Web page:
Today at 6:18am is the new moon Kowi Chito. During Kowi Chito, Earth will reach it’s solstice and the modern winter season will begin at 4:44am on December 21st. Kowi Chito has been translated as lion, but in the Choctaw homeland it would have described a larger panther, or possibly a jaguar since the homeland is within the northern range of the jaguar.
The last quarter of the moon Hohchafo Chito brought the most visible changing of colors in the trees with temperatures ranging from cold to moderate in the mornings. The last day of the quarter had a much needed storm front and good rain for the region.
Kowi Chito is the third moon of the Choctaw long season onáfa.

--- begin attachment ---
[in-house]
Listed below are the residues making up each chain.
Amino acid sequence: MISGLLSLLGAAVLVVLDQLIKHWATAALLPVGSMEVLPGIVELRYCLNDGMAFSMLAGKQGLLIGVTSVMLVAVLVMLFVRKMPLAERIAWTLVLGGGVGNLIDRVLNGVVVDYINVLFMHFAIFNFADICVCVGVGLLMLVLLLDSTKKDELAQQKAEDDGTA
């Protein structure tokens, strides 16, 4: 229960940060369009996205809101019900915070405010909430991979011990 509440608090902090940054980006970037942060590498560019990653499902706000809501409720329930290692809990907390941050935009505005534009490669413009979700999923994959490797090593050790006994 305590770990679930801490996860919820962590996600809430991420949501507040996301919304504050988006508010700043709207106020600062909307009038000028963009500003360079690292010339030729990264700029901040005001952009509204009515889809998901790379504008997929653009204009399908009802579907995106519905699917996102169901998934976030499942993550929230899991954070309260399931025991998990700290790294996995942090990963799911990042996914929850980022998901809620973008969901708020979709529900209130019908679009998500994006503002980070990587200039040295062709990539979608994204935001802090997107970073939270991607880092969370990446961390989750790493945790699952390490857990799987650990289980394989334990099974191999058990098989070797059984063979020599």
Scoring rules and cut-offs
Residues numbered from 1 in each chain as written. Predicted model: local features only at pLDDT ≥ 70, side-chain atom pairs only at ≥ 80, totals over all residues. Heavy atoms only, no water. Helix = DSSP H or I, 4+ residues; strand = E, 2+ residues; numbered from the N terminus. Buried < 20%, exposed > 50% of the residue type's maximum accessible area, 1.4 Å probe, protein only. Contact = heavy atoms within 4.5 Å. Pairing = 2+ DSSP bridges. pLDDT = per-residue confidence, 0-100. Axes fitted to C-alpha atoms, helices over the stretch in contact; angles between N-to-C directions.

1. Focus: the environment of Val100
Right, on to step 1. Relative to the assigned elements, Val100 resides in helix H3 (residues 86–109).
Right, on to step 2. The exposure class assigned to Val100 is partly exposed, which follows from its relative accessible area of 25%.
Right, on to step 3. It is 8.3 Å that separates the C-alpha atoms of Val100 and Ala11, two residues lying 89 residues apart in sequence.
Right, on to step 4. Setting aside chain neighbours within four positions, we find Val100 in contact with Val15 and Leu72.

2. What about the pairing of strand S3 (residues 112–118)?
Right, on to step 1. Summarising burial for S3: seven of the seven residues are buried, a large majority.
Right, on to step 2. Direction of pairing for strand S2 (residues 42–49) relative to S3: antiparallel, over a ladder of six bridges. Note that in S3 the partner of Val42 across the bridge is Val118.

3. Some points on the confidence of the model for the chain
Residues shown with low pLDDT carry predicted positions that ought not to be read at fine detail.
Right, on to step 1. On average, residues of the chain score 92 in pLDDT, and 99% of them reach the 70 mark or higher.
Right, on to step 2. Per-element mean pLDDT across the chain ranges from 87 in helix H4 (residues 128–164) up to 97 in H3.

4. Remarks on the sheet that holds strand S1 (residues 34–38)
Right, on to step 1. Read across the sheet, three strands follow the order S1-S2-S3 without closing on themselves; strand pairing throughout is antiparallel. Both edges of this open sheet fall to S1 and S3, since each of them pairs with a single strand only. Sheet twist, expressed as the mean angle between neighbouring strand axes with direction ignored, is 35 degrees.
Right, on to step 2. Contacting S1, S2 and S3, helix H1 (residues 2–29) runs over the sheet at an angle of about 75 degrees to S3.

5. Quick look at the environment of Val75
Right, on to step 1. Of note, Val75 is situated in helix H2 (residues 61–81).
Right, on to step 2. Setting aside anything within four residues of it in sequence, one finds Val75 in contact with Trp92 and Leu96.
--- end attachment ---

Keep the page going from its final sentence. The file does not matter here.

The Choctaw long season has also been known as hashtola. Hashtola, sun laying down, describes the sun as it is, lying low in the sky during these moons. The modern autumn season that is ending during this moon has been named onáfatiya, onáfapi, and hashtolahpi.
Hashi, the sun, will set at it’s earliest time 4:50pm, everyday for the entire first quarter of Kowi Chito. Hashi will continue rising later in the morning as the days continue to shorten until the solstice. In Choctawland the shortest days are just around 10 hours.